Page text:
The Gingerbread Lady | Performing Arts Review | Chicago Reader

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The Gingerbread Lady

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The Gingerbread Lady, Nextime Theatre Company, at Breadline Theatre. It was in this 1970 play that Neil Simon first addressed more serious issues than were permitted in the farces that had made him America's most successful playwright. The theater world didn't get it right away, however, and directors and actors still tried to impose on these darker scripts copious helpings of theatrical fizz.

Thirty-two years later, the new Nextime Theatre dares to take this milestone in the Simon canon as seriously as he intended. That doesn't mean all the laughs have been excised from this bittersweet tale of a recovering alcoholic, Evy, encumbered by a teenage daughter and a covey of unstable associates who cling to Evy for what fragile support she can provide. The witty dialogue is still Simon's typical hyperarticulate repartee. Unfortunately Nextime's uneven attempt to update the script's many gratuitous topical references means that Jay Leno and Jerry Springer coexist with Xavier Cugat and Ed Sullivan.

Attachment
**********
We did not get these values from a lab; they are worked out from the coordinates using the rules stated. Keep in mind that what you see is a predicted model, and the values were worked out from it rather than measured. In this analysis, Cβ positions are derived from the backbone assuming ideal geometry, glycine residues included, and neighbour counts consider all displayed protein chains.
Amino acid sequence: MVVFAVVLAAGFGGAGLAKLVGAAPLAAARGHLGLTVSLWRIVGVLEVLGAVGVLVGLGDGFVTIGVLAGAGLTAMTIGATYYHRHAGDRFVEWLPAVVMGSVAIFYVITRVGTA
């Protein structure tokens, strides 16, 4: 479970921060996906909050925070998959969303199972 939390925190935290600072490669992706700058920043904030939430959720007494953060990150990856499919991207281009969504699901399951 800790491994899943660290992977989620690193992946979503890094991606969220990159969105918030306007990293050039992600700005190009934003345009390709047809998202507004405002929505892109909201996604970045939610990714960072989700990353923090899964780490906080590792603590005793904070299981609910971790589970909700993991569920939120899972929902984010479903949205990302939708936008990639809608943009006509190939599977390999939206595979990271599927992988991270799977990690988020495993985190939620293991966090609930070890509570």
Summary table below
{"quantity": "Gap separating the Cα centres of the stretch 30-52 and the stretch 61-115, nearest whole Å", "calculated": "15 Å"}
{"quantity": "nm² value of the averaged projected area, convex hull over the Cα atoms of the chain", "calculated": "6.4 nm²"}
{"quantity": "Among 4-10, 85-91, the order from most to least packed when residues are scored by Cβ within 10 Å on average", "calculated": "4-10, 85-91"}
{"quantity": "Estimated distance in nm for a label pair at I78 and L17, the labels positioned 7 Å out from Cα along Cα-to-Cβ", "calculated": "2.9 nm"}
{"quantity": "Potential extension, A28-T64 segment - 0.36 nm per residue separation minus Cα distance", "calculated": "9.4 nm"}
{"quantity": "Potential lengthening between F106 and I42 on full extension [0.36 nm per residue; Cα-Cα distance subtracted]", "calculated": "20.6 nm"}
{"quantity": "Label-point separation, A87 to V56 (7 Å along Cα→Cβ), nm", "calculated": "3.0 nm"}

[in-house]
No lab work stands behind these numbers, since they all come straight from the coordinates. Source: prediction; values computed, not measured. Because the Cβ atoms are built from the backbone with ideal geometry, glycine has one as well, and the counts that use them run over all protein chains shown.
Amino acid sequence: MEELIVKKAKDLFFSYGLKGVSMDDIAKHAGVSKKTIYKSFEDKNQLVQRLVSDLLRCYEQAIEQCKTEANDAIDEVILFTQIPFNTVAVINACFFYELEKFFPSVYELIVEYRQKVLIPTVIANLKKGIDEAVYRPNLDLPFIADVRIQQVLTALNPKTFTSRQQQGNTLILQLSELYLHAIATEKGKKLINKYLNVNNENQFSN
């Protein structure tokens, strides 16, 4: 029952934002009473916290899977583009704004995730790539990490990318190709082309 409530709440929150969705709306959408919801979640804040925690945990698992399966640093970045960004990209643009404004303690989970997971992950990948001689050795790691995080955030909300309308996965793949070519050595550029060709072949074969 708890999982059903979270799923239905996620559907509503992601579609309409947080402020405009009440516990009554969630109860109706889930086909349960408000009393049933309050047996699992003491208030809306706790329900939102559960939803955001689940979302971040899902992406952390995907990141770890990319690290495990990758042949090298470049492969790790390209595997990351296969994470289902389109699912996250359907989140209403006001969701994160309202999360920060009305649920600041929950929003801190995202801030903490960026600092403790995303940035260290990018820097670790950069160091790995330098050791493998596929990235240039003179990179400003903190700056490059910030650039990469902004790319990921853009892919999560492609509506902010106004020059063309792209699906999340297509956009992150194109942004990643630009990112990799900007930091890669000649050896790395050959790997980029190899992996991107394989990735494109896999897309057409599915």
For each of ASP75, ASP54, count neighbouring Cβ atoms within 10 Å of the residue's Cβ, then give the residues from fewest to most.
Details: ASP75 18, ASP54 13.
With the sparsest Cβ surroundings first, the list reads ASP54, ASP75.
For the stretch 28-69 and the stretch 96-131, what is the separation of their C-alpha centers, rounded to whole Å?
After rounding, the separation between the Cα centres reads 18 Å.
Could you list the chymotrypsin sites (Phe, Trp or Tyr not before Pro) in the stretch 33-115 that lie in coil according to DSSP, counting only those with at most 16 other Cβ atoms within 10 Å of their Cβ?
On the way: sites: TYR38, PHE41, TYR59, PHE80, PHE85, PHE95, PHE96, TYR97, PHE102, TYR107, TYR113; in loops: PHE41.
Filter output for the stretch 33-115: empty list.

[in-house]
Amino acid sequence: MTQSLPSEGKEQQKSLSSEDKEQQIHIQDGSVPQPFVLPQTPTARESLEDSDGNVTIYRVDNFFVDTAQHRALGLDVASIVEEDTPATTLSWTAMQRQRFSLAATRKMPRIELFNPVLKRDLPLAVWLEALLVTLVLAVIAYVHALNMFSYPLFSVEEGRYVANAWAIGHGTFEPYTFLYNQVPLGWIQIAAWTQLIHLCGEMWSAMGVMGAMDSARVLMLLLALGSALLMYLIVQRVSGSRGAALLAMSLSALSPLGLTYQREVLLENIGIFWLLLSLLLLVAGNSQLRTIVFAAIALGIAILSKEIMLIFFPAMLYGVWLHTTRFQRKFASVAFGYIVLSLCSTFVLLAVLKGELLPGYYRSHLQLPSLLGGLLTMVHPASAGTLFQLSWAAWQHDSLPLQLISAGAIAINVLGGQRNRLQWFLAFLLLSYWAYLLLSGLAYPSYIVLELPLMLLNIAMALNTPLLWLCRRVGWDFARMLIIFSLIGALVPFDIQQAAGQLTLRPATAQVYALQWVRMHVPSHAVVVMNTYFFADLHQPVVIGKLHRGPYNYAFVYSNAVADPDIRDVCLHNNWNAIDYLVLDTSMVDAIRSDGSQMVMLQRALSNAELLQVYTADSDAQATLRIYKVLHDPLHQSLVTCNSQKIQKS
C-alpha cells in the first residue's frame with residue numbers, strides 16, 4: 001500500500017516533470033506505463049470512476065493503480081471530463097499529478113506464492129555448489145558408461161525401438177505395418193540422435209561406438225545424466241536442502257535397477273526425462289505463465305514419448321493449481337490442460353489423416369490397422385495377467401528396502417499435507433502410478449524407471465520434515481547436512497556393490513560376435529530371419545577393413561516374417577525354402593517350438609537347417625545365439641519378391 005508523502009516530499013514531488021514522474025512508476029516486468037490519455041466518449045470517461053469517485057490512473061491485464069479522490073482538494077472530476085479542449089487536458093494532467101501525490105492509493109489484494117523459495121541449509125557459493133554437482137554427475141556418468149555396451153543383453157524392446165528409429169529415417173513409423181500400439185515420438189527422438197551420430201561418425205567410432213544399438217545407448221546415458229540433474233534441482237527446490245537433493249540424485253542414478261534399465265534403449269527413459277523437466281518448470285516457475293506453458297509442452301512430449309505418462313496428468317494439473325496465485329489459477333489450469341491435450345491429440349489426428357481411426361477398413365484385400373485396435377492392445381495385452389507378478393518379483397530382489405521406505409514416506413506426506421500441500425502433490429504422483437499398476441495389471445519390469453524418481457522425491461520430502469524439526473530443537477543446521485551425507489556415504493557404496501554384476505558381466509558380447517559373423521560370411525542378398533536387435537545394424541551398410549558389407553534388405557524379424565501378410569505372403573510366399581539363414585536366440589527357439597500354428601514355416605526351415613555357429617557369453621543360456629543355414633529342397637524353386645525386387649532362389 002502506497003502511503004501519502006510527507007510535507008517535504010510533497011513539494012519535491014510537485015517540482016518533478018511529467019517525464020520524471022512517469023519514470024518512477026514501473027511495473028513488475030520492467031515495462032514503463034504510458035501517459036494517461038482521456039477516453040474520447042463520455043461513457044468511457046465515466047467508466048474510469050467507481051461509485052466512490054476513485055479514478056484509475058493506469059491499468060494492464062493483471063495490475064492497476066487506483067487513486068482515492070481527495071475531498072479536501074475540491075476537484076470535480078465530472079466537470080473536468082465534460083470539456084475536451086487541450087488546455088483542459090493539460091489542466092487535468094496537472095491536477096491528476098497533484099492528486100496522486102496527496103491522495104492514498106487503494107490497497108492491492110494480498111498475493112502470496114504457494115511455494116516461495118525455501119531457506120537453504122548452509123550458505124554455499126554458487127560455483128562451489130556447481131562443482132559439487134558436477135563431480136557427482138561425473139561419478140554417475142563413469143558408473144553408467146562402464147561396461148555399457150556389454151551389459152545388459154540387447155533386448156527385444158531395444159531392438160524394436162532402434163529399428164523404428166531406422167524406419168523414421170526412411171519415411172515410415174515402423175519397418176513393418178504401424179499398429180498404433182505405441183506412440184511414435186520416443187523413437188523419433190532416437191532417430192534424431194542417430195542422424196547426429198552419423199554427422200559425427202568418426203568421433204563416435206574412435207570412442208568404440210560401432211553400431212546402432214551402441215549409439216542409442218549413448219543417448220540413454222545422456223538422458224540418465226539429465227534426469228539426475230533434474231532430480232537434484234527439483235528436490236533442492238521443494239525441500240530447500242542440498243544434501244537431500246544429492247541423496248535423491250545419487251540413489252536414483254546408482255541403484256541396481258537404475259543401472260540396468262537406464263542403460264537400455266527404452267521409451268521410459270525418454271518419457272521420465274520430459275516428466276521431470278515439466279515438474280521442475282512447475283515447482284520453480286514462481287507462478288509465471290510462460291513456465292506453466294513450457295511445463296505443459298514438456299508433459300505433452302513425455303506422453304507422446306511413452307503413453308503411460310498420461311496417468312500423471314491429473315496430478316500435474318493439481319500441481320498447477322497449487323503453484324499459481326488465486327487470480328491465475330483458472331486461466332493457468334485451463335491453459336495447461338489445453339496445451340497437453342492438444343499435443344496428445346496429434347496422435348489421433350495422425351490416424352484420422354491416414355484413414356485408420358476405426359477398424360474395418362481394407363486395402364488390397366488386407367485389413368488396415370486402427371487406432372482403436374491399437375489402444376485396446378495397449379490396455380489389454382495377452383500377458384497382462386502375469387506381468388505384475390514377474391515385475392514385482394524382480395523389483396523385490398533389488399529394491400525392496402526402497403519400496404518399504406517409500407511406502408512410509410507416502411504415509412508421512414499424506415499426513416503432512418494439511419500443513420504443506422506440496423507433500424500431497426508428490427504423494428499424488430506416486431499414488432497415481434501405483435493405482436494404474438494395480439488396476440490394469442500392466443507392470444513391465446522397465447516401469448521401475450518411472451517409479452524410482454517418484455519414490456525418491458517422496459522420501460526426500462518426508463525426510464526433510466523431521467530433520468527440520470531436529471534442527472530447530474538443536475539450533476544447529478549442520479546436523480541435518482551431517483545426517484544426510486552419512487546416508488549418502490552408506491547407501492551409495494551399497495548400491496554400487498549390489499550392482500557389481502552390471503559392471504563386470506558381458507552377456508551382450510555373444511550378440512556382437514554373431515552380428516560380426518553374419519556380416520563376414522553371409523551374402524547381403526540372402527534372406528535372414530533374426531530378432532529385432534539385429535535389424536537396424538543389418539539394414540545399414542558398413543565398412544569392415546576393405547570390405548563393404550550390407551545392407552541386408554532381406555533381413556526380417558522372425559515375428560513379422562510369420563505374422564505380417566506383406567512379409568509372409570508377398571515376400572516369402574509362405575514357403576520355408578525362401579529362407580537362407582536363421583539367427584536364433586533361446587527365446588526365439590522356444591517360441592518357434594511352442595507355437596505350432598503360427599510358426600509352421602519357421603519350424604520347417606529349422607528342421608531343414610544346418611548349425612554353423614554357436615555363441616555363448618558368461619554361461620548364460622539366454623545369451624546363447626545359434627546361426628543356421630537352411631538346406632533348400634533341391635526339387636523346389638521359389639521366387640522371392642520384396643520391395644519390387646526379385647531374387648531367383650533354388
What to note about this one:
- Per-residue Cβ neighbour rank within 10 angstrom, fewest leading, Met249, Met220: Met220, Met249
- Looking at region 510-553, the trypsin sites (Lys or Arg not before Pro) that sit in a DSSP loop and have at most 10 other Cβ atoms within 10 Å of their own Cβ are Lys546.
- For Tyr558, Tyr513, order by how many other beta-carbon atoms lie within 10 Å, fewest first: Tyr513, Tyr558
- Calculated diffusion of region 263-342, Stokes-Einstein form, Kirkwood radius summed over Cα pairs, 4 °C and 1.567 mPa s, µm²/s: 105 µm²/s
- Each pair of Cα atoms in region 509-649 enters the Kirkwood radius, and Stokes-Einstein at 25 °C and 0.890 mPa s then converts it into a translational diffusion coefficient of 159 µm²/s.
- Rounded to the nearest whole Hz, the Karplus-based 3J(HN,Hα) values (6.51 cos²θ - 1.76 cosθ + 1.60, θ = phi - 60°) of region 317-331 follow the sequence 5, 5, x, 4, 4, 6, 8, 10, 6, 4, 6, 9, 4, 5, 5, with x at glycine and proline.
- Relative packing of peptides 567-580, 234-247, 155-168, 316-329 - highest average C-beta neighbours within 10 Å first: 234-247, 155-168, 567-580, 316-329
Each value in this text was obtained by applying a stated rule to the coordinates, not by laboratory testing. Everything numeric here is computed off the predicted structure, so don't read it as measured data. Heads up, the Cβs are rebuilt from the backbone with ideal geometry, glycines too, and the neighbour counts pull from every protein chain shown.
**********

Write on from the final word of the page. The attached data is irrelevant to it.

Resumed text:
Director Chester Munro and his cast reject a facile, generic comedic approach, instead playing the material at a contemplative pace and muting Simon's cheap and/or xenophobic gags, which in effect highlights the humor that reveals character or furthers the plot. The result is a uniformly intelligent, well-integrated comedy whose happy ending seems earned by the characters' genuine self-examination and acknowledgment of human frailty.

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